- Subject index
Foundations of Community Journalism is the first and only book to focus on how to understand and conduct research in this ever-increasing field. With chapters written by established journalism scholars and teachers, this book provides students and researchers with an understanding of the multiple methods applied to the study of community journalism, such as historical, social-scientific, cultural/critical, and interdisciplinary approaches. It explains what community journalism is as a research concept and offers a range of different methods and theories that can be applied to community journalism research. Although there are numerous “how-to” community journalism manuals for students and newspaper editors, none focuses on how to conduct research into community journalism. The body of knowledge in Foundations of Community Journalism would take readers months, perhaps years, of independent work to gather, making this book a “must-have” volume and reference tool for anybody who is interested in the relationships between journalism and communities.
Chapter 3: The Minnesota Team: Key Studies of Institutional Power and Community Media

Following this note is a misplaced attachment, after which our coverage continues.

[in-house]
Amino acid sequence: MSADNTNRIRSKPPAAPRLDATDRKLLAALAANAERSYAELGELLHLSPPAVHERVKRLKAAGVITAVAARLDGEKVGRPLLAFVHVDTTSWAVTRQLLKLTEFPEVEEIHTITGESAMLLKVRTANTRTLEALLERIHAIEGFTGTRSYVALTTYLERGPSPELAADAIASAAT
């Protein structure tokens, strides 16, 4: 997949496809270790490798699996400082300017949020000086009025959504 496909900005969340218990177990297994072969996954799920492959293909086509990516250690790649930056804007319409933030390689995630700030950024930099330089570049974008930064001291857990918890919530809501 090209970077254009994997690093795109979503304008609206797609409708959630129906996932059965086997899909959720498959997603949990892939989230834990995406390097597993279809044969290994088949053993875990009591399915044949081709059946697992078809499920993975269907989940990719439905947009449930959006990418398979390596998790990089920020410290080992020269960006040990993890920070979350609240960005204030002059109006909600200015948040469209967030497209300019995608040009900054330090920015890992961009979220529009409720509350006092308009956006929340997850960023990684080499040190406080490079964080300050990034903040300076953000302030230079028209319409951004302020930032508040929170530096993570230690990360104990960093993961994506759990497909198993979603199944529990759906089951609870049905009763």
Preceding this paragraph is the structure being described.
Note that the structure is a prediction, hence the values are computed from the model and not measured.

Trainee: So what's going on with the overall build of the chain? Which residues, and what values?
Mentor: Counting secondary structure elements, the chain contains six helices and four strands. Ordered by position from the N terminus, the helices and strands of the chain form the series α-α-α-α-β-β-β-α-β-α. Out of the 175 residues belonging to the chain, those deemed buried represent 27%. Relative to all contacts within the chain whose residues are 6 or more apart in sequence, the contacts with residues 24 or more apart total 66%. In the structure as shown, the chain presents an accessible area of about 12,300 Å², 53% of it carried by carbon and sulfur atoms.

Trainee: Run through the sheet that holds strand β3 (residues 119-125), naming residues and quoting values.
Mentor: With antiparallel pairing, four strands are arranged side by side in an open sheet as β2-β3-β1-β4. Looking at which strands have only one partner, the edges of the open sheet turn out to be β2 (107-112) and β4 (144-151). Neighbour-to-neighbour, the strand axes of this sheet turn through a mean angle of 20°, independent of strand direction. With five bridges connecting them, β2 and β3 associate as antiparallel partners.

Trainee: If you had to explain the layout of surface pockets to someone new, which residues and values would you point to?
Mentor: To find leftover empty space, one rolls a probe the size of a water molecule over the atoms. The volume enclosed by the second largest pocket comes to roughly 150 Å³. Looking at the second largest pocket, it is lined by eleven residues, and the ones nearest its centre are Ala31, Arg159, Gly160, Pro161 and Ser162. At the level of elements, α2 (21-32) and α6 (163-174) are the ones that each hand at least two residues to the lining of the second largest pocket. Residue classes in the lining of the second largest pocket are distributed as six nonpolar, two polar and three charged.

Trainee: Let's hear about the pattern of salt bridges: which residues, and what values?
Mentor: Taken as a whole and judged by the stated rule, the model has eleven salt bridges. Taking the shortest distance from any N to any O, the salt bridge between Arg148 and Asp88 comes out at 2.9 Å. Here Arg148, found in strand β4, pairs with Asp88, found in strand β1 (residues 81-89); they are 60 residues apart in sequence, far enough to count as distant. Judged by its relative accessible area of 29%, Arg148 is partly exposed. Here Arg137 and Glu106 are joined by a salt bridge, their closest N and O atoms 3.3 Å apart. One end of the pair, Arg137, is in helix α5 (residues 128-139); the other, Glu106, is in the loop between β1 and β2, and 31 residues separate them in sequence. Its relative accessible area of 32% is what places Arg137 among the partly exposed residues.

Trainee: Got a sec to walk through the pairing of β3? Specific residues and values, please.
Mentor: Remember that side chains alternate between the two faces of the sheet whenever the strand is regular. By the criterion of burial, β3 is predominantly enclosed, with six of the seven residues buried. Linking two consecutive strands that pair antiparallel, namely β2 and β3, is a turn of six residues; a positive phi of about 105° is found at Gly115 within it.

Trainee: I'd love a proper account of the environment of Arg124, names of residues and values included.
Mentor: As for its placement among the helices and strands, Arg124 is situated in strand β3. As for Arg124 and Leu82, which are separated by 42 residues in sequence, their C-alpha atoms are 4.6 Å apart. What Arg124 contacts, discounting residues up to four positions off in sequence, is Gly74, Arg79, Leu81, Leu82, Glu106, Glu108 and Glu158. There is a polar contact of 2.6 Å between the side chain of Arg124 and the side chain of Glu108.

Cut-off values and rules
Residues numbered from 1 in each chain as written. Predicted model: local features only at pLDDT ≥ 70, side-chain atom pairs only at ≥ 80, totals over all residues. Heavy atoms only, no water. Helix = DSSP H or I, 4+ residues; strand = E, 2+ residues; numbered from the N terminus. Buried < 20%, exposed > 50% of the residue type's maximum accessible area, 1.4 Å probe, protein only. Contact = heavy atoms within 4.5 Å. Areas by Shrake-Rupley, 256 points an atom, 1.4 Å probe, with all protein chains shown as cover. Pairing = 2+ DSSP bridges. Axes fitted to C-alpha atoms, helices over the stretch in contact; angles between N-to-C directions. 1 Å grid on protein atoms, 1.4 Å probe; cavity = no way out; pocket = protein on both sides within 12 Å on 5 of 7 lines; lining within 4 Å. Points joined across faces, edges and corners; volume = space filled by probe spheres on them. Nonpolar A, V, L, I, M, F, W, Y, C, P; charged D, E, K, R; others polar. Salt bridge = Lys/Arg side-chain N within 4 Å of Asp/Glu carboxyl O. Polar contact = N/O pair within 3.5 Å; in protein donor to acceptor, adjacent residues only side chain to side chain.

The Minnesota Team: Key Studies of Institutional Power and Community Media
National and metropolitan newspapers and broadcast media in the 21st century are making efforts to increase interactivity between their audiences and the producers of news. Three decades ago, the “Minnesota team”—Phillip J. Tichenor, George A. Donohue, and Clarice N. Olien—conducted a series of studies that showed how such interactivity already was taking place between community newspapers and their local audiences. Those long-standing, less formal procedures of give and take among smaller communities and their local newspapers may be what larger news organizations are today trying to develop and codify in an effort to hold on to their diminishing audiences. Internet-based communication aside, the media-audience ...